Rat Pack Lexicon

Rat Pack Lexicon

In the 1960s, the legendary Rat Pack — the most “hip” and famous members being Frank Sinatra, Dean Martin, Sammy Davis Jr., Peter Lawford, and Joey Bishop — created their own language, i.e., a “Rat Pack Lexicon.”

It was a mixture of slang and cool terms that helped make them indisputably the ‘kings of cool’ in this the heyday of Vegas.

For a huge dose of their lexicon in action, don’t miss the next broadcast of their most famous release, Ocean’s 11, a 1960 heist film centered in and around Las Vegas.

Click here to pickup a copy of Ocean’s 11 or click here for a copy of the 2001 remake — Ocean’s Eleven — starring Bernie Mac, Don Cheadle, George Clooney, Brad Pitt, Matt Damon, Andy García, Julia Roberts, and others.

bag a person’s particular interest; as in “singing’s my bag”

barn burner a very stylish, classy woman

beard a male friend who acts as a “cover”; usually for extramarital affairs

beetle a girl who dresses in flashy clothes

big-leaguer a resourceful man who can handle any situation

big casino death

bird the male or female genitalia; standard greeting: “How’s your bird”?

bombsville any kind of failure in life; see ville

broad affectionate term for a girl or woman with sex appeal

bum a person who is despised, most frequently linked to people in the media

bunter a man who fails in almost everything he does; the opposite of gasser

charley what the rat-packers called one another

charlies admiring word for a woman’s breasts

chick a young and invariably pretty girl

clyde a word used to cover a multitude of personal observations; e.g., “I don’t like her clyde” means “I don’t like her voice”, etc.

coo-coo! see crazy

crazy a term of admiration for a personal, place, or thing; similar to cool.

creep a man who is disliked for any reason

crumb a person it is impossible to respect

dame a generally derogatory term for a probably unattractive woman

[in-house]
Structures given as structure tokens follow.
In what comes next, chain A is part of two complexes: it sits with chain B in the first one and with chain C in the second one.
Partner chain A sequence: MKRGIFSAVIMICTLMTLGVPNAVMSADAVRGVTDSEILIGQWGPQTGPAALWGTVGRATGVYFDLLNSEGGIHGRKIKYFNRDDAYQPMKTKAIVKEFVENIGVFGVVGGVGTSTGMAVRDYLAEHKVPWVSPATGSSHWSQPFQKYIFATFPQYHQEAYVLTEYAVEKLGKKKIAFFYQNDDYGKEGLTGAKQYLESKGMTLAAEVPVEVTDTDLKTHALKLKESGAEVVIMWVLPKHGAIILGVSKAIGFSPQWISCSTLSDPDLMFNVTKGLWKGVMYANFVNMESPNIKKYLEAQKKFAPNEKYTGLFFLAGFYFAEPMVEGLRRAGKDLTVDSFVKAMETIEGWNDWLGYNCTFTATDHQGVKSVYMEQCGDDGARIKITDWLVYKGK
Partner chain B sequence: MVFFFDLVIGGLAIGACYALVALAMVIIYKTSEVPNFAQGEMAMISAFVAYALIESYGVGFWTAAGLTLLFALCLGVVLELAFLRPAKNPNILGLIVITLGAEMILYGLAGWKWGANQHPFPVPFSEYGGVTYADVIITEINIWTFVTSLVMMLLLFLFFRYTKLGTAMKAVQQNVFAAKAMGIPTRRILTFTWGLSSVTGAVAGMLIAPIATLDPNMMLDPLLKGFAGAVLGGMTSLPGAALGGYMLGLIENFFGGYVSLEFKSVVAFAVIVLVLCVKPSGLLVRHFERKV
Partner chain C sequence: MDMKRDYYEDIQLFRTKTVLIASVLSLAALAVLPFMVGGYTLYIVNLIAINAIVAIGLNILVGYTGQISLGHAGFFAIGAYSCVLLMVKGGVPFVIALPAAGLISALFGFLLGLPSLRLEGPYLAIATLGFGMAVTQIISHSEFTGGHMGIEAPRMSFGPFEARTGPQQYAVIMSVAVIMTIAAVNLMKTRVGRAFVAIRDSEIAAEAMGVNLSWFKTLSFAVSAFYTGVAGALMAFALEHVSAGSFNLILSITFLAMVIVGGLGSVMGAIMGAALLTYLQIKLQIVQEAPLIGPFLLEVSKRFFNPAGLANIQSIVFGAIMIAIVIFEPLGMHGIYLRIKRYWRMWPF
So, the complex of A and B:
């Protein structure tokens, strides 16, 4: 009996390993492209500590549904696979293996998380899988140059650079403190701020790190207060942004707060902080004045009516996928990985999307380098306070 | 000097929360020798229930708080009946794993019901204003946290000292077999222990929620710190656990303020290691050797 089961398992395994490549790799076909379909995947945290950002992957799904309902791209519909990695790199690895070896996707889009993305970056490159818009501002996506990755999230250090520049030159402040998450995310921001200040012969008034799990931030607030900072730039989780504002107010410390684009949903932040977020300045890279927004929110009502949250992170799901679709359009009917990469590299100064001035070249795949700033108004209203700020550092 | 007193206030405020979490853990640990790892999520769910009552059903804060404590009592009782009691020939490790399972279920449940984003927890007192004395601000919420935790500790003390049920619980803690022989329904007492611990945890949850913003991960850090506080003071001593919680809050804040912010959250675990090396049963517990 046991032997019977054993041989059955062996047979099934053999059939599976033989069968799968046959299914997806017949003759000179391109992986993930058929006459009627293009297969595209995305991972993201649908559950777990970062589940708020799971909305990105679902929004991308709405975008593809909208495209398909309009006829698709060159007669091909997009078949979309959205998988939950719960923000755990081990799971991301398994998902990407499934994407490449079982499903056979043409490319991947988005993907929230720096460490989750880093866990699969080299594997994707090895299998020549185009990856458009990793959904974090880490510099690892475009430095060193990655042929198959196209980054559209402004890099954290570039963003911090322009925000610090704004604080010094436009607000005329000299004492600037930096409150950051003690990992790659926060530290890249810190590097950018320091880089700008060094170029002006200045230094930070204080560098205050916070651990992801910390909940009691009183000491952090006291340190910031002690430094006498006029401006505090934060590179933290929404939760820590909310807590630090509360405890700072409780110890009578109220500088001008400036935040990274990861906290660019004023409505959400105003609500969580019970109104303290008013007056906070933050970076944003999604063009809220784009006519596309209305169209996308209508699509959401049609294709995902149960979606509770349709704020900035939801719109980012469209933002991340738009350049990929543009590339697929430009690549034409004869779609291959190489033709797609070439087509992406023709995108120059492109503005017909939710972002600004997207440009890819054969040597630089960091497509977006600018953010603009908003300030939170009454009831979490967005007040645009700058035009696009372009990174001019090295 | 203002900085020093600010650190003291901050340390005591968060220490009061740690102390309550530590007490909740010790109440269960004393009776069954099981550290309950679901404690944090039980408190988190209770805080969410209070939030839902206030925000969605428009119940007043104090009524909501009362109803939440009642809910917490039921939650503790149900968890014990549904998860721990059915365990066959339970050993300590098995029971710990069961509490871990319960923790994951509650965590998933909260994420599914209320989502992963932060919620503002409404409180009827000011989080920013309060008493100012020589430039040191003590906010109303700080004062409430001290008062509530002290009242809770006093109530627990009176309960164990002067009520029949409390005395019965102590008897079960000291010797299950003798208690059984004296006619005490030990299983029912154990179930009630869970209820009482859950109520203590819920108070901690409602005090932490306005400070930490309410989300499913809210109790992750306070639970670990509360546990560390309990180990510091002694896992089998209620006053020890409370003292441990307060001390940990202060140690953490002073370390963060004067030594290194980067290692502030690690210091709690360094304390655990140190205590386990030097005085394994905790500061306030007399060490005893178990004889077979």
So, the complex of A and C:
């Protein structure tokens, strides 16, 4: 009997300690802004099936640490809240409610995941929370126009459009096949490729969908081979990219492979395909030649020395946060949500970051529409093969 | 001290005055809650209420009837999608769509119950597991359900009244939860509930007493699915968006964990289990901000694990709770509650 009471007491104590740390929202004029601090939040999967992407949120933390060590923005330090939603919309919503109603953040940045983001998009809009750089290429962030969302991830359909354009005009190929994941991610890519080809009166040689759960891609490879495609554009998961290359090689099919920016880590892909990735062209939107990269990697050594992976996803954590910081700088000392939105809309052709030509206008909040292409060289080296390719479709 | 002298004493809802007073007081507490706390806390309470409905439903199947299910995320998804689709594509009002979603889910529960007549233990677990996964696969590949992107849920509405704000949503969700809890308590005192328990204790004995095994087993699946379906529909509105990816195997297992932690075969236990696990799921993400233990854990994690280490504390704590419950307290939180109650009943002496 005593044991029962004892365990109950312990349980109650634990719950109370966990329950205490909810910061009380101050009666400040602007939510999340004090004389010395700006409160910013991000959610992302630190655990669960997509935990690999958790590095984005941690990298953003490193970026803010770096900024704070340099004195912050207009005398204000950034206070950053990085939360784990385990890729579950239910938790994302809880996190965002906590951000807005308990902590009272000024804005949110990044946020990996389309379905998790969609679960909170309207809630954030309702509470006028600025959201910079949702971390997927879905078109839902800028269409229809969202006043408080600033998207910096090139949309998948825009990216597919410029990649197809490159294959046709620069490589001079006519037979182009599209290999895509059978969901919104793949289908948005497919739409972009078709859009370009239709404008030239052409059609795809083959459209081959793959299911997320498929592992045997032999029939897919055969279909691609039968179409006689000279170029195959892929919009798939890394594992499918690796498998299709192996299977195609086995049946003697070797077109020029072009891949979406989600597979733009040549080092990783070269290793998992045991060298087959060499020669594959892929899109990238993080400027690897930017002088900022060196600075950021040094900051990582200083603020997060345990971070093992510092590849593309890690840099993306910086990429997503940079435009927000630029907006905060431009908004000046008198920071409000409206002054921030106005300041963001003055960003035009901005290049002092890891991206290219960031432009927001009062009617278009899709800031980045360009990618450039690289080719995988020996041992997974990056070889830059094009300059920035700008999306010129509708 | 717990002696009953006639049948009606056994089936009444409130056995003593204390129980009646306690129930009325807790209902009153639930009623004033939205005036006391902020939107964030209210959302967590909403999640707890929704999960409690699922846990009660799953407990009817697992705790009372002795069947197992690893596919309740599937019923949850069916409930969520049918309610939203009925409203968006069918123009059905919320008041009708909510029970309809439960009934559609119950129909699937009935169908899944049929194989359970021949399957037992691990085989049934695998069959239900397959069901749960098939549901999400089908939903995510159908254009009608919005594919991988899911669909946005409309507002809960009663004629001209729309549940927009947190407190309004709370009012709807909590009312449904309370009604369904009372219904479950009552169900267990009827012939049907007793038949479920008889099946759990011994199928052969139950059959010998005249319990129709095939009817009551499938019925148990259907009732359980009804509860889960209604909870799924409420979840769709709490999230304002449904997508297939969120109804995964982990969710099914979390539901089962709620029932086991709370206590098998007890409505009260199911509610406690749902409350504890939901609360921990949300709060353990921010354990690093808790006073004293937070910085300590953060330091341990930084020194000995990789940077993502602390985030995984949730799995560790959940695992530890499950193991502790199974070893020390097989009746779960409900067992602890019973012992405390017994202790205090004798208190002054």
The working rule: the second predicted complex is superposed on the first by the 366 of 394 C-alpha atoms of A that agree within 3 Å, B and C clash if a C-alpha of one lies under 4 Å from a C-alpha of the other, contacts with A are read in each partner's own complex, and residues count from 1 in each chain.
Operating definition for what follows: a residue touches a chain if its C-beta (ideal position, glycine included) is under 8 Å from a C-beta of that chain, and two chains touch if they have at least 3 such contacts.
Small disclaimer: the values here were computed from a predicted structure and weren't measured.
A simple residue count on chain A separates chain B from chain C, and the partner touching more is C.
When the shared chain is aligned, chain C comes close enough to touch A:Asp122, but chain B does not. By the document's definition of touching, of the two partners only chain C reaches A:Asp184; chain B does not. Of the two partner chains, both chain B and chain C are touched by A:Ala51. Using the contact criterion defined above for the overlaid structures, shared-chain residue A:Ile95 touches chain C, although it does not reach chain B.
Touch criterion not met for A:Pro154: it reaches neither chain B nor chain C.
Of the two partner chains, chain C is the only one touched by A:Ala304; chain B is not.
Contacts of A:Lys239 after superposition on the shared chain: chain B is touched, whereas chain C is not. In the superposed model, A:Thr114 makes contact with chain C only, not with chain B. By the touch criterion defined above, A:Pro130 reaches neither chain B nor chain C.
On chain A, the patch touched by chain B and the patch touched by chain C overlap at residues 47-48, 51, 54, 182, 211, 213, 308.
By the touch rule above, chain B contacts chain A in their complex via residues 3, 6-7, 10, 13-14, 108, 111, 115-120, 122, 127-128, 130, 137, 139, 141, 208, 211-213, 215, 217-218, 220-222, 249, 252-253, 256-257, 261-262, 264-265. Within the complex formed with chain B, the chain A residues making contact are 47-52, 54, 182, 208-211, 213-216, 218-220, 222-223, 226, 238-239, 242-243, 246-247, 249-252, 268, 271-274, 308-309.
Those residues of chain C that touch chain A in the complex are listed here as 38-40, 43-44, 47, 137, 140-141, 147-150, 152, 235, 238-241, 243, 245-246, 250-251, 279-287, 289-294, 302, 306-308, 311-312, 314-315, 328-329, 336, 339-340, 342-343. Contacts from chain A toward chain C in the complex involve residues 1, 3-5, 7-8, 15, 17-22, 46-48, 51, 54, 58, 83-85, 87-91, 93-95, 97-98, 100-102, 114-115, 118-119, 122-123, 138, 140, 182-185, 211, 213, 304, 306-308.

dig a term of appreciation; e.g., “I dig that broad.”

duke tip

dying an exaggerated term to mean slightly upset; e.g. “I’m dying”

end a word to signify that someone or something is the very best; “the living end”

endsville total failure; similar to bombsville; see ville

fink a person who cannot be relied upon or trusted, especially someone in the media; a crumb

fracture to make laugh; as in “that fractures me”

gas a great situation; as in “that set was a gas”

gasoline alcohol

gasser a highly admired person; the end!

gofer someone who performs menial jobs and tasks; “go for drinks”

good night all a term of invective used to change the subject of conversation

groove a term of admiration or approval; as in “in the groove”

harvey a person who acts in a stupid or naive fashion; sometimes shortened to “Harv”

hacked angry; as in “he’s hacked off”

hello! a cry of surprise to no one in particular when a beautiful woman is seen

hunker a jack-of-all-trades; see gofer

jokes an actor’s lines in a screenplay

let’s lose charley a term used among intimates who want to get rid of a bore in their company

little hey-hey romance; a little action with a broad

locked-up as in “all locked-up,” a term for a forthcoming date or engagement, private or public

loser anyone who has made a mess of their life, drinks too much, makes the wrong enemies, etc.

mish-mash similar to loser, but refers specifically to a woman who is messed up

mothery terrific; wild and wicked

mouse usually a small, very feminine girl who invites being cuddled

nowhere a term of failure as in “he’s nowhere.”

odds used in connection with important decisions, as in “the odds aren’t right,” meaning it’s a no go

original loser a person without talent; sometimes more fully expressed as “He is the original Major Bowes Amateur Hour loser

pallie dean’s nickname for everyone, whether a lifelong friend or a bellhop

player a man who is a gambler by nature, makes friends easily, and never gives up trying

punks any undesirables, in particular criminals, gangsters, or mobsters

quin derisive term for a woman who is an easy pick-up

rain as in “I think it’s going to rain” indicating that it is time to leave a dull gathering or party

ring-a-ding a term of approval, as in “What a ring-a-ding broad!”

sam used in the same way as Charley for a person whose name has been forgotten, most often applied to females

scramsville to run off

sharp a person who dresses well and with style

ta-ta goodbye

twirl a girl who loves dancing

ville a suffix used to indicate changes in any given situation; examples: endsville, splitsville, etc.

Click here to read more about the Legendary Rat Pack.

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